There was so much I wanted to say and so much I did not want to say.  

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Head over to their blog to enjoy more slices from
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Sunday, October 29, 2017

Teaching Argument Refutation Using the Twitter Thread [Lesson Plan: Part 1]

As part of the dual credit Communication 1101 class I teach, students must construct refutation for two of their three speeches. Idaho State University, our partner in the Early College Program, requires students to follow a tightly structure method of refutation. 

This 4-Step Refutative Method poses significant struggle for some students. First, they have little experience addressing positions in opposition to their own. Second, they often get confused about the format of their refutation and the necessity of identifying the methods they use to respond to counter-arguments. Finally, students sometimes think their job is to build an argument agains their own position rather than reconstruct their own argument.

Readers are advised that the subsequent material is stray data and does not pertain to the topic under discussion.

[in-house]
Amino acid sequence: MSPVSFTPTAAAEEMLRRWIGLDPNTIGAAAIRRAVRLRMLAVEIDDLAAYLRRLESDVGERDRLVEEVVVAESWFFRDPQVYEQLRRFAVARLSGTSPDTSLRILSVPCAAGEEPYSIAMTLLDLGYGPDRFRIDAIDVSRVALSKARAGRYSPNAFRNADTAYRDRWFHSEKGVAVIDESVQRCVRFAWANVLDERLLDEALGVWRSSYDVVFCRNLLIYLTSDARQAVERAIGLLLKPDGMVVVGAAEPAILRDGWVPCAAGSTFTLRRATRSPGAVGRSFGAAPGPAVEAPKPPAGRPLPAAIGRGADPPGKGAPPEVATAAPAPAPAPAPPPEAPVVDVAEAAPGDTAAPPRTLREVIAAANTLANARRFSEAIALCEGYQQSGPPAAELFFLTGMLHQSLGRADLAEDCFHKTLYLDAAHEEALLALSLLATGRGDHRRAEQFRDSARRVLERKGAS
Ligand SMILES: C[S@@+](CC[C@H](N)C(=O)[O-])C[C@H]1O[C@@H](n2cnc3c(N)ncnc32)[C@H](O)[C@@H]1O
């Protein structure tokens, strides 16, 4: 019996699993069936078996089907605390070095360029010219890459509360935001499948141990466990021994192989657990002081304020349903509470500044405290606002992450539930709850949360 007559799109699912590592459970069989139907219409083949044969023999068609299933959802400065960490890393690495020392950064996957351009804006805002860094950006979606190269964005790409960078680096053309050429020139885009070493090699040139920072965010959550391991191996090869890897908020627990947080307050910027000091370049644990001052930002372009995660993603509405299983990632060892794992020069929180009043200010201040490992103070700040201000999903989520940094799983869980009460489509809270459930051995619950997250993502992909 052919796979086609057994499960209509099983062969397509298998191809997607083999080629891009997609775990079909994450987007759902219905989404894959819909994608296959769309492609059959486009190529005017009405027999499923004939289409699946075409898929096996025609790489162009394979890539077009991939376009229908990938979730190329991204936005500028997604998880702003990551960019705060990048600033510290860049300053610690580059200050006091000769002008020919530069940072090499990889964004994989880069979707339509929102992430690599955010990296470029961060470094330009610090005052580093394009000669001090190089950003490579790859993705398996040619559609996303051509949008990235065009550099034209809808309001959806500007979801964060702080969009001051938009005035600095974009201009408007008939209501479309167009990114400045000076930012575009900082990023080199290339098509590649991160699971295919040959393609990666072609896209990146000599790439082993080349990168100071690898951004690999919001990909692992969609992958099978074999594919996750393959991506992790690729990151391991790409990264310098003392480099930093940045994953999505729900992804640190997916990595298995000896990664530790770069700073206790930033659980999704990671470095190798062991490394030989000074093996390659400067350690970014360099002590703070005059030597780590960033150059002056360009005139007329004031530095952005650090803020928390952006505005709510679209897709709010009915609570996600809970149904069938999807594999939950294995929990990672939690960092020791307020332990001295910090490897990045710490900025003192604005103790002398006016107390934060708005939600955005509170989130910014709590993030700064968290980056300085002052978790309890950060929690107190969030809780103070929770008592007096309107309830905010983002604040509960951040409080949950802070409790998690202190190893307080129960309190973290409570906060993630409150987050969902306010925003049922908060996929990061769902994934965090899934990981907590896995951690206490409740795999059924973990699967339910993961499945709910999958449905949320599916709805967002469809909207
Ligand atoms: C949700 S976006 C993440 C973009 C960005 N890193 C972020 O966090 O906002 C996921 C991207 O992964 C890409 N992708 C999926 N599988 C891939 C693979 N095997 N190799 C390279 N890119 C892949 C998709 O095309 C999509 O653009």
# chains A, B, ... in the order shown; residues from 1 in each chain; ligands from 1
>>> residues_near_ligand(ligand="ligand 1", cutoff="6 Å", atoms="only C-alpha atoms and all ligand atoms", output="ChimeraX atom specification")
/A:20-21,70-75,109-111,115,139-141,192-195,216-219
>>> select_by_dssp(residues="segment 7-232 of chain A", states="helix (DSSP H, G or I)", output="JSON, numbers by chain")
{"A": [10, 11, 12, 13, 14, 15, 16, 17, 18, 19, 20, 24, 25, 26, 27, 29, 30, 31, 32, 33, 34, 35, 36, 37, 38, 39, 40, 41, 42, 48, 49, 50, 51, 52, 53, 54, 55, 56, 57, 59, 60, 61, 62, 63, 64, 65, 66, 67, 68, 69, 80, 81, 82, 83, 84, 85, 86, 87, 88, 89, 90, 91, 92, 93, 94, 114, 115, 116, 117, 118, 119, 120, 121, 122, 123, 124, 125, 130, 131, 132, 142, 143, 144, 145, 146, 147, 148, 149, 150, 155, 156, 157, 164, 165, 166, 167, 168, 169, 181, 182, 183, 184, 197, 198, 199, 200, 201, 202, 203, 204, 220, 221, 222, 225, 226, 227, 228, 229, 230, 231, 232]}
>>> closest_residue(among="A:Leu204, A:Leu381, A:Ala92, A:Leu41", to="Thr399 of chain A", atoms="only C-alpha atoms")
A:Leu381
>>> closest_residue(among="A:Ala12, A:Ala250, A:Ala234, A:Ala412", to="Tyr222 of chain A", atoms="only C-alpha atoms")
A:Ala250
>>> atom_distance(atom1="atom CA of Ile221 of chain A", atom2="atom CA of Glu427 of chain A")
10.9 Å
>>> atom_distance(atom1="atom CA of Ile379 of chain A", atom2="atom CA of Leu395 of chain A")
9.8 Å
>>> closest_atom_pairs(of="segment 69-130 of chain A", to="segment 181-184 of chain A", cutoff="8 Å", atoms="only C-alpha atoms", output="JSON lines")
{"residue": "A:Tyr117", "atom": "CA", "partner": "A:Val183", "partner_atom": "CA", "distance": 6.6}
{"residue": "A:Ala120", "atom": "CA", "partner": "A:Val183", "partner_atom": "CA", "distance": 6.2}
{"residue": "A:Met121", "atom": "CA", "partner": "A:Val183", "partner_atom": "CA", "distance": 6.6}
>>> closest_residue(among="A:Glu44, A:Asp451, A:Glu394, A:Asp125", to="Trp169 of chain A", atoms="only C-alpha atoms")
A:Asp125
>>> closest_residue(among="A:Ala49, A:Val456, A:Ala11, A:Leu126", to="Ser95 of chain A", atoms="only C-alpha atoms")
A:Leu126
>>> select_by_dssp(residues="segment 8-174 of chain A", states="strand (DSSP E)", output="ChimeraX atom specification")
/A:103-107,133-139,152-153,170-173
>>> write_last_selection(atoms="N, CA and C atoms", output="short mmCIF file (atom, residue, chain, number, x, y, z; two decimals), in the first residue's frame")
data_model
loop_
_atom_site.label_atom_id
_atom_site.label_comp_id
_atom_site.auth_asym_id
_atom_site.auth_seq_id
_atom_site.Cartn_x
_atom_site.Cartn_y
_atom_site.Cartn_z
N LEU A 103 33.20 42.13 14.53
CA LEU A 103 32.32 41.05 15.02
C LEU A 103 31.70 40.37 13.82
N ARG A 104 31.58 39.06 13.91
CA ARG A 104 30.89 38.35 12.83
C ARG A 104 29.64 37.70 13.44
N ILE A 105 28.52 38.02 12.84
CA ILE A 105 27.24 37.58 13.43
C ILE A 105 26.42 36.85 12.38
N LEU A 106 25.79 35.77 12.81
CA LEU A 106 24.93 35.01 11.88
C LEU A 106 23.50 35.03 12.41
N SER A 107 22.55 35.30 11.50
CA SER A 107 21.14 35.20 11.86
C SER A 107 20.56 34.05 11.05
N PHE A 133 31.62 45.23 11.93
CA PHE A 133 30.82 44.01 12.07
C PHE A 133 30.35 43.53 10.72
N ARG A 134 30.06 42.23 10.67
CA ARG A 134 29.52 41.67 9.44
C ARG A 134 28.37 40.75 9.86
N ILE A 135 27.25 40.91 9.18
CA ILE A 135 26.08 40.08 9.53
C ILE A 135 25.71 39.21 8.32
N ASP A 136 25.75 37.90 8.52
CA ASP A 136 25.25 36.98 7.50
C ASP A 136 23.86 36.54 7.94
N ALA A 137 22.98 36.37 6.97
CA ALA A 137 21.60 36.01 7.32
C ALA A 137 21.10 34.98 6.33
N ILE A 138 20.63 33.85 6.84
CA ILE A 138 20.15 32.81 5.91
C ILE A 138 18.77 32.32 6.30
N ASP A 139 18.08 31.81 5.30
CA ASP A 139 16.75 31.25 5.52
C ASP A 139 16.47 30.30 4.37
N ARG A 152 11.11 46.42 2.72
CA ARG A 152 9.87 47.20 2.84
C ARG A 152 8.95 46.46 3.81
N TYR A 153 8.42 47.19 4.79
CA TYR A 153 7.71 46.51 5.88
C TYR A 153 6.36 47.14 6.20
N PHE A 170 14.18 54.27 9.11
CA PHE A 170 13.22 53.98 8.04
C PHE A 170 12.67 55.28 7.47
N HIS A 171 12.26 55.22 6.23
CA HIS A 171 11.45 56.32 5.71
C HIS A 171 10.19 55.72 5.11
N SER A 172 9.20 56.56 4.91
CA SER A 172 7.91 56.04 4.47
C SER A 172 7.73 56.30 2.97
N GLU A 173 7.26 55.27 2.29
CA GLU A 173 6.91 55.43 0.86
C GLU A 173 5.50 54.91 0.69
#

In my early days of teaching the course, ISU required four speeches of students. I wrote about the refutative speech in an earlier post.  This is a common approach to teaching refutation, as an online guide from the University of Pittsburgh shows.

I use a couple of activities to teach refutation, including an improvisational game; however, recently I've notices an uptick in Twitter threads that incorporate not only the characteristics of good argument but that also embody almost all the characteristics of refutation I require of students.